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National Hispanic Heritage Month: A Reflection from Dr. David Maldonado

Featured National Hispanic Heritage Month: A Reflection from Dr. David Maldonado

This article was originally published in the July 2019 issue of Methodist History (241-245). For more information on this quarterly journal, go to 


By David Maldonado, Jr.

My earliest memory of going to church was walking across town, led by my grandmother, Isabel Gallardo Molina.  She lived next door to us on Guadalupe Street on the West side of Seguin. She and her husband, Norberto Molina were leaders of La Trinidad Iglesia Metodista and she made sure that we, her grandchildren were in church every Sunday.  We all sat with her in church until we were old enough to sit with our Sunday school class.  That church became the center of our family’s spiritual and social life and helped shaped me and provide moral foundations for my life, and eventually guided me on my personal and professional journey. 

The church was located at 306 E. Gonzalez Street in Seguin, Texas.  I remember it as a white wooden building with the main entrance at the front of the building facing the street.  La Trinidad was established in 1905 under the pastoral leadership of Basilio R. Soto, Sr., who played an important role in the early days of the Maldonados at the church.  As you entered the church, you would be entering from the back of the sitting congregation with the pulpit up front.  I recall the squeaky floors, open windows, and large fans circulating the air from above.  Sabas Guevarra, Jr., was the pastor when I was born in 1943 and Rev. Pedro Sanchez baptized me on May 27, 1945.  The pastors while I was in Seguin that I remember were Eugenio Vidaurri and Jose Salas. 

My Methodist roots go back to my great grandfather, Luis Gallardo, who was already a member of the Mexican Methodist Church when he immigrated to the United States from Mexico in the 1800s.  He married Amada Gonzalez, who joined La Trinidad church in 1914. Likewise, my paternal great grandparents Jasper Suttles and Petra Ramirez were married by a Methodist minister, Elias Robertson, in San Antonio in 1886.  However, my family’s official relationship with La Trinidad in Seguin started in 1907 when Rev. Soto married my grandparents, Samuel and Emma Maldonado. That started the Maldonado family’s Methodist journey.  At the time, both sides of my family lived in the outskirts of Seguin in Guadalupe County. They were tenant farmers and came into town for Sunday worship and midweek services.  The Maldonados dutifully baptized their children at La Trinidad Methodist Church.  For over a century La Trinidad has been our family church, the roots and foundation of our spiritual life and moral groundings.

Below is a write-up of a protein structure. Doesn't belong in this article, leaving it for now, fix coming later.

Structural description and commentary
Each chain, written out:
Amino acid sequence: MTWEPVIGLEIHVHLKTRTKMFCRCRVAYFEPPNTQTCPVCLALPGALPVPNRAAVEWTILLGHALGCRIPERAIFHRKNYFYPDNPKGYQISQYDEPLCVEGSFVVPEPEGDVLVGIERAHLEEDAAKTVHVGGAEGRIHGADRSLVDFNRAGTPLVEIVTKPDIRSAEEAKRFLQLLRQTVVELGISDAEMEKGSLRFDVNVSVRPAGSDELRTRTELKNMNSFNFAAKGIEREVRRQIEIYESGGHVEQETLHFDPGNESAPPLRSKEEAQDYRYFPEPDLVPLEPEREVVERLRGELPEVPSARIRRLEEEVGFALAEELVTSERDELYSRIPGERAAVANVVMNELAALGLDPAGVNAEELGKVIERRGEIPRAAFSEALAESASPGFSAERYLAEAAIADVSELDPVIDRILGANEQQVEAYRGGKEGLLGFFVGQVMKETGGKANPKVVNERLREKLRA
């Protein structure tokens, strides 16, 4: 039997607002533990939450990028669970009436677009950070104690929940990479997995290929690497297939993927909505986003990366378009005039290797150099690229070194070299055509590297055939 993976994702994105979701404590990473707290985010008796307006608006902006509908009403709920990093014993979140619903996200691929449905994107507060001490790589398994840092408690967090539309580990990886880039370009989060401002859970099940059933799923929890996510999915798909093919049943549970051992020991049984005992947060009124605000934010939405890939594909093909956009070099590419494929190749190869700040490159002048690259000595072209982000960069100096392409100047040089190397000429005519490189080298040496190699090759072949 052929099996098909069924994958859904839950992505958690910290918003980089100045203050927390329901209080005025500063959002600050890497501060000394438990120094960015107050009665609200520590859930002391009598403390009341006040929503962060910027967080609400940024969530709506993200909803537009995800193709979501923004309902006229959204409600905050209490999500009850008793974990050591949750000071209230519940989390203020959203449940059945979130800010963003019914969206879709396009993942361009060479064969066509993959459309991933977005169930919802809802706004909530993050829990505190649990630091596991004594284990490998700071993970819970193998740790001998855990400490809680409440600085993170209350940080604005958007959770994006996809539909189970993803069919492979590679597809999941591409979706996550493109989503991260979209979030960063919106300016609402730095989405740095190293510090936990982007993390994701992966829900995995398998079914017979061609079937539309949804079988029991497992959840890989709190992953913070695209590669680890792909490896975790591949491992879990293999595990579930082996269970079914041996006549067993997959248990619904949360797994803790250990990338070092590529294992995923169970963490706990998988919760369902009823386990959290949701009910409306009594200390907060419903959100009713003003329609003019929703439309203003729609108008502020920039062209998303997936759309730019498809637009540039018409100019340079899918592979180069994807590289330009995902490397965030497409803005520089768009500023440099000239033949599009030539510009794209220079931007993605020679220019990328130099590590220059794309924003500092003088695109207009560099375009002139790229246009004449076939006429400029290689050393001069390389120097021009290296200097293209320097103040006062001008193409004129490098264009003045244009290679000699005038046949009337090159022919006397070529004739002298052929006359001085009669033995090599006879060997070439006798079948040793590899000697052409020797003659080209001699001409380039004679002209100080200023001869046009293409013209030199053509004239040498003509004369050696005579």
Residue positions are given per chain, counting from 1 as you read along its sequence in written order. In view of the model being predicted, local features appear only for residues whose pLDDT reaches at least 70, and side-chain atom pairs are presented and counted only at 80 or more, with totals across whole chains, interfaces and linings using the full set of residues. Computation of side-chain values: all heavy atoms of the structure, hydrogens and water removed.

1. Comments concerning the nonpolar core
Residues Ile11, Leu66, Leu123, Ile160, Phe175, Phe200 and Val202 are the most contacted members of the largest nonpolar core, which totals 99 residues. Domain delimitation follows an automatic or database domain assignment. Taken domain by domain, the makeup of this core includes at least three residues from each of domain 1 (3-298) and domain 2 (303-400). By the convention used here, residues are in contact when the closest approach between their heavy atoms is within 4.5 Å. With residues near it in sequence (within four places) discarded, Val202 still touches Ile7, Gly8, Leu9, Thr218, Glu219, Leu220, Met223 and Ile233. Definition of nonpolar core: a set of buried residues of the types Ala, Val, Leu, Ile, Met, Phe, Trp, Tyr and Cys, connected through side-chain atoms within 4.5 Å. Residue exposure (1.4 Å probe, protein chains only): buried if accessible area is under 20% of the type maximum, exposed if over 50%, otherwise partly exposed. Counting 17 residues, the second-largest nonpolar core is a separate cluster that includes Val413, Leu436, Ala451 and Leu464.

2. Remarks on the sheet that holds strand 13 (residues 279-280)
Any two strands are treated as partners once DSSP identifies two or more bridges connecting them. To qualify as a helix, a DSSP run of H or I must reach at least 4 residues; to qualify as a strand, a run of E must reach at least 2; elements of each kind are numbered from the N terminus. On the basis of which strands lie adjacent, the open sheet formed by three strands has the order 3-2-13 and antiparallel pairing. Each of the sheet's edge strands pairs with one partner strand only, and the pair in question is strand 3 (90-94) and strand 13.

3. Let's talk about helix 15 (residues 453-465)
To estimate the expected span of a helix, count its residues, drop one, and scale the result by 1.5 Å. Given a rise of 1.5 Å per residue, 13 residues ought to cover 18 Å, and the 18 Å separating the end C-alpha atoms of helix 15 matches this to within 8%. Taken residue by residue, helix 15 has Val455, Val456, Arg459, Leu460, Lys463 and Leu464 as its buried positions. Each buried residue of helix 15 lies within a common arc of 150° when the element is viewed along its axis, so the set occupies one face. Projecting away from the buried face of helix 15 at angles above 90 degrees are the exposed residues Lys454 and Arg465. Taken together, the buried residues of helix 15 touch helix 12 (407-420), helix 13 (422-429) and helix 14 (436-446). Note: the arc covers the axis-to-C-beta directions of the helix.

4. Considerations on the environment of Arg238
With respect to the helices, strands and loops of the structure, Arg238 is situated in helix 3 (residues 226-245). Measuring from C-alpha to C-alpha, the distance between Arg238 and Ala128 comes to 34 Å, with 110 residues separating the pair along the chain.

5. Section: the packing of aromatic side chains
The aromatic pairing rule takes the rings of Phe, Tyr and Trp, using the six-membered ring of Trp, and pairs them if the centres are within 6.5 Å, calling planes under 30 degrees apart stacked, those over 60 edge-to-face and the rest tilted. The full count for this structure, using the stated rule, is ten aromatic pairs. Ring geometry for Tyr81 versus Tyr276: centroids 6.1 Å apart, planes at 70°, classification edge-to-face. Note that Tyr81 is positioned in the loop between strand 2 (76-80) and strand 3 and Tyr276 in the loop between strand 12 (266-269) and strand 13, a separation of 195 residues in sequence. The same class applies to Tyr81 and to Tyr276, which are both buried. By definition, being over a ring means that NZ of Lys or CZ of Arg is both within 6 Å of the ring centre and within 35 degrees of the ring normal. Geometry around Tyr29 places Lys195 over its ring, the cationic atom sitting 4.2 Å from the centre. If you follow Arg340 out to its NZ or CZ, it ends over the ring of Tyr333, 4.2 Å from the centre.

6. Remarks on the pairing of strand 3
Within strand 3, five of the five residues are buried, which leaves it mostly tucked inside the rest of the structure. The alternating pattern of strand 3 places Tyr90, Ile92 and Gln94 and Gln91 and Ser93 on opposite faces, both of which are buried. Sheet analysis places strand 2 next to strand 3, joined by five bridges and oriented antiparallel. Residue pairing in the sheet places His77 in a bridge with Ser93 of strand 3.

As I reflect on La Trinidad, I am drawn to think about how it was that my ancestors came to be loyal members of La Trinidad Methodist Church, and the significance it had for our family and the other Mexican American congregants. Seguin was a segregated community in which the Mexican American population paid the social, economic, and political price that came with ethnic and racial segregation.  My ancestors were children of immigrants and poor Mexican American tenant farmers.  Certainly they, as well as most of the congregation at La Trinidad, were not middle class or among the elite.  Their social reality was one of racial segregation and social/economic inequality. Their educational attainment levels were at the lowest among the population.  Survival was a major endeavor. 

My ancestors additionally lived among a population that was historically and culturally Catholic.  The Mexican-American culture was heavily Mexican and its social and community life was shaped by the Catholic Church.  Many social relationships were functions of the church.  Needless to say, its religious life, activities, symbols were purely Catholic.  The social and religious reality was that Mexican Americans were Catholic and Anglos were Protestants.  Thus, for Mexican Americans to become Protestant was a major break with social and religious Hispanic realities, as well as a courageous step to join the ranks of the Protestants who were Anglos and perceived as the bosses of the oppressive economic and racial structures of the times.   For many in the Hispanic community, to become Protestant was to abandon family and Hispanic community roots.  Many converts to Protestantism were shunned and ostracized because of their conversion.  Certainly, the Catholic Church led efforts to criticize these converts.  Thus, La Trinidad members were Protestants within a historically Catholic population and they were Mexican American within a primarily Anglo, Protestant denomination.  What was it like and what challenges did they face?   Clearly, to take such a step to become Protestant was courageous within that historical and social context.  In essence, to join La Trinidad Iglesia Metodista was to become a Protestant within a Mexican American Catholic community and a Mexican within the Anglo Protestant community.